Quirky Qorner: A Texas Boy Scout troop created a hug booth for nursing home residents As a former boy scout, and a fan of hugging, I could not help but smile when I saw this story in CNN about a Texas scout troop that made a special contraption that allows for protected “hugs” in a nursing home (See photo below). When the story of COVID-19 is finally written, I suspect that the emotional toll exacted by the virus in terms of loneliness and disconnection will prove to be substantially greater than we now are aware. This story will stick in my mind under the best bright spots heading.
Article by Andrew Joseph published online at statnews.com December 21, 2020.
Have you heard there is a new “strain” of the virus that causes COVID-19? Several people have sent me questions about this. Scientists are referring to it not as a new strain but as a novel variant of the coronavirus, first spotted in the United Kingdom where it is now the dominant version of the virus in many areas. The new variant, referred to as B.1.1.7 or VUI-202012/01, contains between 17 and 60 genetic mutations. This has led to stricter lockdowns in England and travel bans for UK residents. Scientists are working hard to determine whether it functions differently than previous variants in 3 key ways: A) does it spread more easily, B) does it cause more or less severe disease and C) can it evade our vaccines or our hard-fought natural immunity? So far, it looks like the answer to A) may be yes (the jury is still out). There is, so far, no solid evidence the answers to B and C are yes. This article by Andrew Joseph lays out what we now know and don’t about this development, striking the right balance between caution and concern. I am following developments about this as well as another variant being tracked in South Africa and will keep you updated as the science evolves.
Today’s bite-sized, handpicked selection of important news, information or science for all who want to know where this epidemic is going and what we should do.
Top story: The U.S. FDA authorized a second vaccine (made by Moderna) under an Emergency Use Authorization (EUA). The company has begun distributing its vaccine to 3,700 locations as the U.S. vaccine distribution program begins to take shape (Reuters).
Twitter announced Wednesday that it would moderate, label and in some cases remove harmful misinformation about COVID-19 vaccines starting next week (CNBC).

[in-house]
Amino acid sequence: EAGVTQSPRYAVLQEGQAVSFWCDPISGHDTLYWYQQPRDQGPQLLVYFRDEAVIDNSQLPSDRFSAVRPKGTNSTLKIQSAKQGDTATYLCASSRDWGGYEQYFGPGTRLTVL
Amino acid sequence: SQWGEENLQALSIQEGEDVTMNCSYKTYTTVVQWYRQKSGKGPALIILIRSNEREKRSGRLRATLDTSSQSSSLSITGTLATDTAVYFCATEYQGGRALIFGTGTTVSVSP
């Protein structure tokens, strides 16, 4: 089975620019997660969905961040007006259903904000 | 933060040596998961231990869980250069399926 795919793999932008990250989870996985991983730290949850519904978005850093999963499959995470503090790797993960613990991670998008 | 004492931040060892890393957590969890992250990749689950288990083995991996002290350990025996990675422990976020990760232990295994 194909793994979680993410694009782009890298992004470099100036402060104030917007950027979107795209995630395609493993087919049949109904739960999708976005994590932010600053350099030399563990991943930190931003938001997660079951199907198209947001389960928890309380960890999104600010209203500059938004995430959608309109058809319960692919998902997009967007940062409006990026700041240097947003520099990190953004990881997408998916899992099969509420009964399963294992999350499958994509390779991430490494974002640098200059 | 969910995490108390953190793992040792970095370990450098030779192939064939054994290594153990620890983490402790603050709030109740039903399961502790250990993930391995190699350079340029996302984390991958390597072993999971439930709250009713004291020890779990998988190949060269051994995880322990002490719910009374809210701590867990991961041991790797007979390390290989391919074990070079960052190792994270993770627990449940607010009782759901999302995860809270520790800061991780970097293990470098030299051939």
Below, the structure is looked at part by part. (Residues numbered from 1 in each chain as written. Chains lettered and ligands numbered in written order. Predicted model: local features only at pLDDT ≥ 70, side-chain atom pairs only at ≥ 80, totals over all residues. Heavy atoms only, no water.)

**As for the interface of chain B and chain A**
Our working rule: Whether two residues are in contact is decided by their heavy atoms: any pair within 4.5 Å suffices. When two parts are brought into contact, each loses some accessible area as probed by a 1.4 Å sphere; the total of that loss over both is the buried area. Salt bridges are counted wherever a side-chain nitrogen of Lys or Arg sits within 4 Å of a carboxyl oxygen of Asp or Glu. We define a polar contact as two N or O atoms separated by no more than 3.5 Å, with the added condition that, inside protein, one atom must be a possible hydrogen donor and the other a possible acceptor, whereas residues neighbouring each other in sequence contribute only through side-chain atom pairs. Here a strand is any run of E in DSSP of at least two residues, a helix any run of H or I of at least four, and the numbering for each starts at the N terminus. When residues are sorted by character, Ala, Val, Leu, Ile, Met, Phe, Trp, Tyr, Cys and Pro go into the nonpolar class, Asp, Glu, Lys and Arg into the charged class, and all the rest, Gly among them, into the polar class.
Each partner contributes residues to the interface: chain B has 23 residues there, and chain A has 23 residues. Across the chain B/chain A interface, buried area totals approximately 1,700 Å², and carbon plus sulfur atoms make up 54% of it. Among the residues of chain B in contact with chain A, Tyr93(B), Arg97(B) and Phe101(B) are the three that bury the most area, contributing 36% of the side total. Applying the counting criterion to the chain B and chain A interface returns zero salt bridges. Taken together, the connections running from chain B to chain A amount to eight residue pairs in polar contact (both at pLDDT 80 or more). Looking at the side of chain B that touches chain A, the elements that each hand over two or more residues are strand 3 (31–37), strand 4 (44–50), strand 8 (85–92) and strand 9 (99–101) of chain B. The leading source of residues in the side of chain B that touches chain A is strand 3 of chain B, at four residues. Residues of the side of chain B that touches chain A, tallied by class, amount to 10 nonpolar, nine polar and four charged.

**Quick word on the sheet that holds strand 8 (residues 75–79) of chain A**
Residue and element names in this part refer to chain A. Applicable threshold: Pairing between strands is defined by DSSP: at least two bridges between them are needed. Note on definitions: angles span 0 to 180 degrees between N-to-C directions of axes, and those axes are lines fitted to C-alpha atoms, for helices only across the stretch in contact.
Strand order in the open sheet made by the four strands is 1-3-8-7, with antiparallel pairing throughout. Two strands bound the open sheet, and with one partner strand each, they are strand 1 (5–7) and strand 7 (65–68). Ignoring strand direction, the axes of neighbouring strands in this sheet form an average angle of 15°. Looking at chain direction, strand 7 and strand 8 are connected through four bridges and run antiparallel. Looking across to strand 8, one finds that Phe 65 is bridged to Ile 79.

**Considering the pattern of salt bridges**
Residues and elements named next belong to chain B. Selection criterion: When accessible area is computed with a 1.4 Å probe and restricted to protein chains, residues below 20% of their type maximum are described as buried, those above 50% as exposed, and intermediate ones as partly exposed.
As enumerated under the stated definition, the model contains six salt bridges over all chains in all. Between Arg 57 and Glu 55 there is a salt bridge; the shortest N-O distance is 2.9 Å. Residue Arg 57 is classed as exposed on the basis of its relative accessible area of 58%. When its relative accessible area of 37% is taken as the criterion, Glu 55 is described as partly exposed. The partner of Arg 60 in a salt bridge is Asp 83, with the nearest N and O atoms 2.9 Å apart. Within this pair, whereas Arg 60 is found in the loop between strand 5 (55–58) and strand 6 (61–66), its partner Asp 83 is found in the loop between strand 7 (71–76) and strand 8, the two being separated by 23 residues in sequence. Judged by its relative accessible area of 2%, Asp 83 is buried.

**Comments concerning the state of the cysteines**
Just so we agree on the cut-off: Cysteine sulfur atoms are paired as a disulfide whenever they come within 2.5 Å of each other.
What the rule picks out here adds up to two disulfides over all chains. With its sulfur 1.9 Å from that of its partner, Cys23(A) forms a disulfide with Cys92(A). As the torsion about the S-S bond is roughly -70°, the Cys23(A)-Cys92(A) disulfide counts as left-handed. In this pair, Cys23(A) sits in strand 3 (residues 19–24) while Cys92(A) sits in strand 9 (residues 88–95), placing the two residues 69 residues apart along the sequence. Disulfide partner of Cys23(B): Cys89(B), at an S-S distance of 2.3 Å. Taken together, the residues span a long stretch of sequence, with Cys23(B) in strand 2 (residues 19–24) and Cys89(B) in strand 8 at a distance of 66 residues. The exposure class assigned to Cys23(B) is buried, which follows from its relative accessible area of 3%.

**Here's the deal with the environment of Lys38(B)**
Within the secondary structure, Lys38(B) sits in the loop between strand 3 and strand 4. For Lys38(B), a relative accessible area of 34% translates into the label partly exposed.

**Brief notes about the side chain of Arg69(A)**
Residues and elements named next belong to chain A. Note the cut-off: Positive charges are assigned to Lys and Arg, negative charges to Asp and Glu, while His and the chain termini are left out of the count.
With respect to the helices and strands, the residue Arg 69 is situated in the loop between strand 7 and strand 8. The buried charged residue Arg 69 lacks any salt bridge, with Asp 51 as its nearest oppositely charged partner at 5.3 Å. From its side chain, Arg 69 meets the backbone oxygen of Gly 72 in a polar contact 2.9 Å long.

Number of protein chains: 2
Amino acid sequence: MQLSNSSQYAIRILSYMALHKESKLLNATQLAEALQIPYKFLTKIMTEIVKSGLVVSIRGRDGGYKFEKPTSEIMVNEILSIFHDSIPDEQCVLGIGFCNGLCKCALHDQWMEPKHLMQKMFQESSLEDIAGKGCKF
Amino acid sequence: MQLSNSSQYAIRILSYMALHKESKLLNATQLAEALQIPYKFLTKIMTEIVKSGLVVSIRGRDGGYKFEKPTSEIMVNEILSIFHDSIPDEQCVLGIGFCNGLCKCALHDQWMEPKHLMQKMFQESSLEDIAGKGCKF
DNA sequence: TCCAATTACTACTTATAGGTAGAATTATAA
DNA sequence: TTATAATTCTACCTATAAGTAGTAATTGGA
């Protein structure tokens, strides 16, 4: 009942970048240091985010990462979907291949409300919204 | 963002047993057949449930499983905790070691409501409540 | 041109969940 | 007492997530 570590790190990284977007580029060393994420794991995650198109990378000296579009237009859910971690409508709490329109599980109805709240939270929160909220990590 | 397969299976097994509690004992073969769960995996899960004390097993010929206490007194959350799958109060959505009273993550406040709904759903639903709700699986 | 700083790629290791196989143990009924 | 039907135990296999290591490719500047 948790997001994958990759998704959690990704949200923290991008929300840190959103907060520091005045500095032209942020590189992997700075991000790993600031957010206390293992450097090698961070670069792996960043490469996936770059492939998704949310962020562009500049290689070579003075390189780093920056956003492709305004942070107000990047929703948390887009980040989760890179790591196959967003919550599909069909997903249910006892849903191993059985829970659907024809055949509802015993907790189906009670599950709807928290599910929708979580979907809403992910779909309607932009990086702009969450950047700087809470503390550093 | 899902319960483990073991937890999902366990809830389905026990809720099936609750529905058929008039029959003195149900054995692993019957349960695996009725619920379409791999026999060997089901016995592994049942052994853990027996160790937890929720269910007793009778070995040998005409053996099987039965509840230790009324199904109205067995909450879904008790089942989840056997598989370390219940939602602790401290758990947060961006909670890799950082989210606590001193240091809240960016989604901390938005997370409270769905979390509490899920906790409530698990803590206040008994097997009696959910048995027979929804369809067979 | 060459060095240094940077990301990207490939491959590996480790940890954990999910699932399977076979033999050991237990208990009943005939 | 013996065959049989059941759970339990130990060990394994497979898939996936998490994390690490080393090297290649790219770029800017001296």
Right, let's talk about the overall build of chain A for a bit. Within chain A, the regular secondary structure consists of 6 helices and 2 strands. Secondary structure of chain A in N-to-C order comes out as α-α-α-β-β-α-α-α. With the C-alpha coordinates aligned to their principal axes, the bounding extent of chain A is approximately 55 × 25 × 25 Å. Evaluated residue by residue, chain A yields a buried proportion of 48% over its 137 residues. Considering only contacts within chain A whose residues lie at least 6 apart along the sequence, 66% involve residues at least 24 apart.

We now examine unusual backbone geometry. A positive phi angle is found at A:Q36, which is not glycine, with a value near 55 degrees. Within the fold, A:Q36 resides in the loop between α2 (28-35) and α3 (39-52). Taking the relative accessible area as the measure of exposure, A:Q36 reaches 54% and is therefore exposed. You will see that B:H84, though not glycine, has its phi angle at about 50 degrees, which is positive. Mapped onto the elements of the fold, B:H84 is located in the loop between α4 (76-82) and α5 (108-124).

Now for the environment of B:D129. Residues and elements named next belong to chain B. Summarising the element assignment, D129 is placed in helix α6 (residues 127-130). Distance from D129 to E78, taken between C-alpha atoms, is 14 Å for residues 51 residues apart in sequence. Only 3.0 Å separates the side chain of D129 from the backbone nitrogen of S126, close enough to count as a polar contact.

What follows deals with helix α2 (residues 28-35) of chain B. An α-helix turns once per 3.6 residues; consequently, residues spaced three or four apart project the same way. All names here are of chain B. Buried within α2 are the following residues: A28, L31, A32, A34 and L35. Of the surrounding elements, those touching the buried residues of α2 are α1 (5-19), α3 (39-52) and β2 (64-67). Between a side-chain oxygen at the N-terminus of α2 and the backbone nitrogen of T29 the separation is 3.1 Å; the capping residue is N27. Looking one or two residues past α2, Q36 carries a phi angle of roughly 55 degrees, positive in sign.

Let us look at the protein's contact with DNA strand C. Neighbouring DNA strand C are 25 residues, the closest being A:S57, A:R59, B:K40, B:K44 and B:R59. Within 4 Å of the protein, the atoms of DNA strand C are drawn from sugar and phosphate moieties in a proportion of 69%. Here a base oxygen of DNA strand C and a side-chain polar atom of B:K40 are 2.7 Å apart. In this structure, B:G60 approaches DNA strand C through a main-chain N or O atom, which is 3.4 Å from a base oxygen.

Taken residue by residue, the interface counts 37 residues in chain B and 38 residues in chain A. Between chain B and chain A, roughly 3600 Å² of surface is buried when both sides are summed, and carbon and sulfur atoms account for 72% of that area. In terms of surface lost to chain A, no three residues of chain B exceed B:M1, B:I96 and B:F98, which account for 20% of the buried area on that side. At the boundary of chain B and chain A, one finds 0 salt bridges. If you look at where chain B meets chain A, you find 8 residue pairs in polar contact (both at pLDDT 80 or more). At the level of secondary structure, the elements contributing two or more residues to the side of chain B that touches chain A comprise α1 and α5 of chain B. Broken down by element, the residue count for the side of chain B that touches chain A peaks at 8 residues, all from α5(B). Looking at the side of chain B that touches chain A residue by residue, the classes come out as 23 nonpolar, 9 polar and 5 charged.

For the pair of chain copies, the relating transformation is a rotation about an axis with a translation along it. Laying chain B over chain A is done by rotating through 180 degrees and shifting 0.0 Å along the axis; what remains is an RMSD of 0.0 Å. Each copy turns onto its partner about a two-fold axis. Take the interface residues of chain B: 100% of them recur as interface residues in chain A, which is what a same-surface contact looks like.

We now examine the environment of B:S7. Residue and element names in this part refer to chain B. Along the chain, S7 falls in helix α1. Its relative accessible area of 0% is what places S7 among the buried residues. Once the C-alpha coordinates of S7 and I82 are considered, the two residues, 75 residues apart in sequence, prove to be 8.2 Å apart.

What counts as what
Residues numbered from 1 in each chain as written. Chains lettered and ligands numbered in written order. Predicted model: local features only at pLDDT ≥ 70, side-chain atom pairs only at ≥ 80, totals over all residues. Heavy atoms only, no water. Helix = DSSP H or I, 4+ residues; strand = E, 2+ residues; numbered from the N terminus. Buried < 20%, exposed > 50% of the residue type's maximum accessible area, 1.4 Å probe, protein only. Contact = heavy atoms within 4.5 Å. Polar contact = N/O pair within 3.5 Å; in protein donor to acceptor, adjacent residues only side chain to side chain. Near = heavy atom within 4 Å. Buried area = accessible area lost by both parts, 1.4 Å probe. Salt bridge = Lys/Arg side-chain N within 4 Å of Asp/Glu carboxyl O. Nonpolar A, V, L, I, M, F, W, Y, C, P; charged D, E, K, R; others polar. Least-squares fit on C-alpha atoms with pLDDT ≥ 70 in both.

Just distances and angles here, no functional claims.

Thousands of leaked directives show how China paid an army of internet trolls to make the coronavirus look less dangerous and its own response more competent than was true (ProPublica).
The WHO and the UK are working closely to monitor the emergence of a new variant of SARS-CoV-2 that might be spreading more efficiently. The new variant has been seen in the Netherlands, Denmark and Australia. Numerous countries are banning flights from the UK in response. There is no evidence yet that the new variant causes more severe disease or will respond differently to the vaccine. This story highlights what has been lost by the Trump administration’s ill-advised decision to withdraw from the WHO and why global coordination is so crucial going forward (BBC News).
The U.S. Equal Employment Opportunity Commission has determined that employers will be allowed to require employees to get a COVID-19 vaccine and block them from entering the workplace if they refuse (Huffington Post).
While older people make up 80 percent of COVID-19 deaths, many people falsely believe the virus is not impacting younger adults. A new study published in JAMA shows that from March to the end of July, U.S. adults aged 25-44 experienced almost 12,000 more deaths than were expected based on historical norms. Only a third of these excess deaths were officially attributed to COVID-19, suggesting that limitations in testing led to a severe undercounting of virus-related fatalities in younger adults. The chances of dying were more than double among young people in New York and New Jersey in this period (New York Times).
New study from Dallas TX adds to growing evidence that SARS-CoV-2 infection in pregnancy is not associated with adverse pregnancy outcomes (JAMA Open Network).
Newly released data shows nearly 900 out of 938 metropolitan areas and more than 2,000 out of 3,270 counties qualify as “sustained hotspots,” meaning they have “potentially higher risk for experiencing healthcare resource limitations.” (NPR, See Figure A).